Fed’s December meeting reveals possible earlier, faster interest rate hikes
There were also discussions about reducing the balance sheet after raising the federal funds rate
The Federal Reserve released the minutes from its December meeting on Wednesday, which revealed the possibility of earlier and faster rate hikes as inflation continues to soar.
After the meeting, the Fed announced it was doubling its taper rate and considering up to three rate increases in 2022. Now, the recently released minutes showed that members of the Federal Open Market Committee (FOMC) discussed the possibility of raising rates sooner than originally planned.
"Participants generally noted that, given their individual outlooks for the economy, the labor market, and inflation, it may become warranted to increase the federal funds rate sooner or at a faster pace than participants had earlier anticipated," the minutes stated. "Some participants also noted that it could be appropriate to begin to reduce the size of the Federal Reserve’s balance sheet relatively soon after beginning to raise the federal funds rate."
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INFLATION HITS 39-YEAR HIGH — HERE'S WHAT THAT MEANS FOR INTEREST RATES
Inflation continues to surge
The Central Bank focused its attention on "surprisingly high inflation," according to the minutes, noting that it has surpassed their previous expectations.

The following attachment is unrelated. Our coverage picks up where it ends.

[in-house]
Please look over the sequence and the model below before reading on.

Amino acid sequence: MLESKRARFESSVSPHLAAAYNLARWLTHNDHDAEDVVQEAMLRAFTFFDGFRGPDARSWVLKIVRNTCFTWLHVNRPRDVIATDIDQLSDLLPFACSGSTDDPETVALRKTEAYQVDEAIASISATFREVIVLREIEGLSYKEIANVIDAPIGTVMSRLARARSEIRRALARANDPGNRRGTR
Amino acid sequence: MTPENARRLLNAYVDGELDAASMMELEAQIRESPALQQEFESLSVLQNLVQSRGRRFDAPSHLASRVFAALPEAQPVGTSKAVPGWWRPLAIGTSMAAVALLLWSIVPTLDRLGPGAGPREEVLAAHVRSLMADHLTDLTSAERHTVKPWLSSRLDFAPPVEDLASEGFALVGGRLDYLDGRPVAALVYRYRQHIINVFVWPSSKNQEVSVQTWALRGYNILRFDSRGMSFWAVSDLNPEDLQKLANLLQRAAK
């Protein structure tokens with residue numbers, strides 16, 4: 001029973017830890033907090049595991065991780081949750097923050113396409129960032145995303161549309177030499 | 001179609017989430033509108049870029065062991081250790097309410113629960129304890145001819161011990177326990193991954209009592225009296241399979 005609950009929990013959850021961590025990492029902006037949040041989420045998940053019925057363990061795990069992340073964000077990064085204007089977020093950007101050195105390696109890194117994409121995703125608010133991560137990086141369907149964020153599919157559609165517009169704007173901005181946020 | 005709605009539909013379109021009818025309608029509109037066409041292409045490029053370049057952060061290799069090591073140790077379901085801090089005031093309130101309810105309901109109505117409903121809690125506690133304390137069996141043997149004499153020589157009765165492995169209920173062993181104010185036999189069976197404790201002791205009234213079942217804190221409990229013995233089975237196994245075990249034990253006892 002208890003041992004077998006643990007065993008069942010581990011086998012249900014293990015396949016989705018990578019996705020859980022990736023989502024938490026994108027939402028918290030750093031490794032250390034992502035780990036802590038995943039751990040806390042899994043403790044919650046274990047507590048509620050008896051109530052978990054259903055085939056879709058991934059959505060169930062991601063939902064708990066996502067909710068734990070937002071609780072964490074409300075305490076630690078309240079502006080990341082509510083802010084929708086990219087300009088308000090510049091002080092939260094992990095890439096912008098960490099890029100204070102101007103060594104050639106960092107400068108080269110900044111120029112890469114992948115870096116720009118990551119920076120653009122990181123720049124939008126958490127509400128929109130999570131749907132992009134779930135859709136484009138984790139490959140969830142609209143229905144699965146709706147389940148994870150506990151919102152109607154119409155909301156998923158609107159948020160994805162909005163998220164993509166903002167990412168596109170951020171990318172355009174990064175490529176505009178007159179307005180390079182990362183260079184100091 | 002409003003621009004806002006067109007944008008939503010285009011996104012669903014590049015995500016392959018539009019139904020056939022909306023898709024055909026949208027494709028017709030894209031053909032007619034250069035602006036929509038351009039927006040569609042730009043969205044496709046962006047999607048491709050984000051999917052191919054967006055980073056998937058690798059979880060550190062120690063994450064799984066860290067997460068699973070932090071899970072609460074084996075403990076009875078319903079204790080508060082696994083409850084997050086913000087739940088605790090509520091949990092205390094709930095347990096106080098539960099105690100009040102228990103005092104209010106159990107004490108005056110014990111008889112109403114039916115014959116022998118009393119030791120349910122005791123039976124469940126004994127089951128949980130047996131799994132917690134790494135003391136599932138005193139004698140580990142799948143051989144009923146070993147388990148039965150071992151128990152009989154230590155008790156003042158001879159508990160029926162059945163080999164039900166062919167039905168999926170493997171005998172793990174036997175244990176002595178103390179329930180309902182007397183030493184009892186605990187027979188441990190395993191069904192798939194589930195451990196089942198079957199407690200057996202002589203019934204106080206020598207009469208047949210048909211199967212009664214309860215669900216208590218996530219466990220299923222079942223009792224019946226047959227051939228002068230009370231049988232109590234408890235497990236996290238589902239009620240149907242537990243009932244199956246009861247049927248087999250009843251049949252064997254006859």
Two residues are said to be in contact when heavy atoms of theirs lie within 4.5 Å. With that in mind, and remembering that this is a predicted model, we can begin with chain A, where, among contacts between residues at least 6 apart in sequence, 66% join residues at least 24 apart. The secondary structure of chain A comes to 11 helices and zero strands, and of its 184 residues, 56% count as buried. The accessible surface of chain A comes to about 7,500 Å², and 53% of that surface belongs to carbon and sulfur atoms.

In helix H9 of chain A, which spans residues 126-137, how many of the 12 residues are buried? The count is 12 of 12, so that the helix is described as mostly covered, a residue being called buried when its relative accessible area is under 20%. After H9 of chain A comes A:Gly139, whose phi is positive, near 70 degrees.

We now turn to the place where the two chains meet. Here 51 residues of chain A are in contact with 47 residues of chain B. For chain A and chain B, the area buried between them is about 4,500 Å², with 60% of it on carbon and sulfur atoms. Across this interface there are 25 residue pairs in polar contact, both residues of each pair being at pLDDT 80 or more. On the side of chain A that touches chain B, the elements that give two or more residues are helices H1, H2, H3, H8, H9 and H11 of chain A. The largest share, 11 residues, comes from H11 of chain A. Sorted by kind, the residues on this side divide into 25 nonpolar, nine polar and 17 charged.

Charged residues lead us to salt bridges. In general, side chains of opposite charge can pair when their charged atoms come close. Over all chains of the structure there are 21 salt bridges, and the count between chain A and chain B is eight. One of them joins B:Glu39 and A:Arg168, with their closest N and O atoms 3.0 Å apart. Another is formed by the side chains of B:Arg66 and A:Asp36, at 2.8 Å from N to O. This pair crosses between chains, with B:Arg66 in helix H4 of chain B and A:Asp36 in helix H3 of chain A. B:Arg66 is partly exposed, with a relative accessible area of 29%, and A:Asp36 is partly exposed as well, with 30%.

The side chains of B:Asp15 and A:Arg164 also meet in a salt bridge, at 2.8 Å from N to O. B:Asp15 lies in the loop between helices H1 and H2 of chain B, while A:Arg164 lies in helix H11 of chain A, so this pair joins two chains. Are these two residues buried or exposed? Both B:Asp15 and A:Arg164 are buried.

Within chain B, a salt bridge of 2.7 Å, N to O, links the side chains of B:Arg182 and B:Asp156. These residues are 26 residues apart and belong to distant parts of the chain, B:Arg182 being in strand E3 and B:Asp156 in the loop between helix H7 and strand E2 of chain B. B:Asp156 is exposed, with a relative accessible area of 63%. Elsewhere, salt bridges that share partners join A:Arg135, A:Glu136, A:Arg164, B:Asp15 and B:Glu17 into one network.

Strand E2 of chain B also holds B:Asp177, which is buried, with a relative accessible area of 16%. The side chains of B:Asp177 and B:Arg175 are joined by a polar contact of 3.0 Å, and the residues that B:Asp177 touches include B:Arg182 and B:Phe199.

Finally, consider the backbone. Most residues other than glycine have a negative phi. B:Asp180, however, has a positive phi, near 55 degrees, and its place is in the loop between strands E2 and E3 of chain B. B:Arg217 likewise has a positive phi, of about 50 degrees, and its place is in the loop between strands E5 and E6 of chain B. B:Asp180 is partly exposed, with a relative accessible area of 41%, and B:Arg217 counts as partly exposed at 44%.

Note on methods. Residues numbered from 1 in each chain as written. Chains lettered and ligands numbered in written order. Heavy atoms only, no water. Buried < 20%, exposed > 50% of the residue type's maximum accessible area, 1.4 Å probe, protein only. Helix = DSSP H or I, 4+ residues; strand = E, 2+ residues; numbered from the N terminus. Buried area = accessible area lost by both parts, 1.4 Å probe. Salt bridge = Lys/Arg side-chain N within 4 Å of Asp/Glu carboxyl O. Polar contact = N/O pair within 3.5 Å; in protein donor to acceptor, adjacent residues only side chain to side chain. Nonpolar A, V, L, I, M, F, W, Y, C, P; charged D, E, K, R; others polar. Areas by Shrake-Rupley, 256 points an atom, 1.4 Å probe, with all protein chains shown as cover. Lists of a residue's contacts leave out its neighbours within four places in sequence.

"Participants remarked that inflation readings had been higher and were more persistent and widespread than previously anticipated," the minutes stated. "Some participants noted that trimmed mean measures of inflation had reached decade-high levels and that the percentage of product categories with substantial price increases continued to climb.
"While participants generally continued to anticipate that inflation would decline significantly over the course of 2022 as supply constraints eased, almost all stated that they had revised up their forecasts of inflation for 2022 notably, and many did so for 2023 as well," the minutes continued.
Inflation hit a 39-year high in November as the Consumer Price Index (CPI) rose 6.8% annually, according to the Bureau of Labor Statistics (BLS). As inflation increases, the Fed could begin to shift its monetary policy and move up its anticipated rate hikes, increasing the federal funds rate in 2022 sooner than expected.
"They noted that current conditions included a stronger economic outlook, higher inflation, and a larger balance sheet and thus could warrant a potentially faster pace of policy rate normalization," the minutes stated.
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FED EYES UP TO 3 INTEREST RATE HIKES IN 2022 TO ADDRESS HIGH INFLATION
Fed considers three rate hikes in 2022
Traders have indicated that the possibility of a rate hike at the Fed's March meeting increased to 57.6% in the first week of January, according to the CME Group's FedWatch Tool. This comes as Fed officials during the December FOMC meeting began considering the possibility of up to three rate hikes this year and sped up the tapering of its asset purchases as inflation increases and the labor market improves.
"Acknowledging that the maximum level of employment consistent with price stability may evolve over time, many participants saw the U.S. economy making rapid progress toward the Committee’s maximum-employment goal," the minutes stated. "Several participants viewed labor market conditions as already largely consistent with maximum employment."
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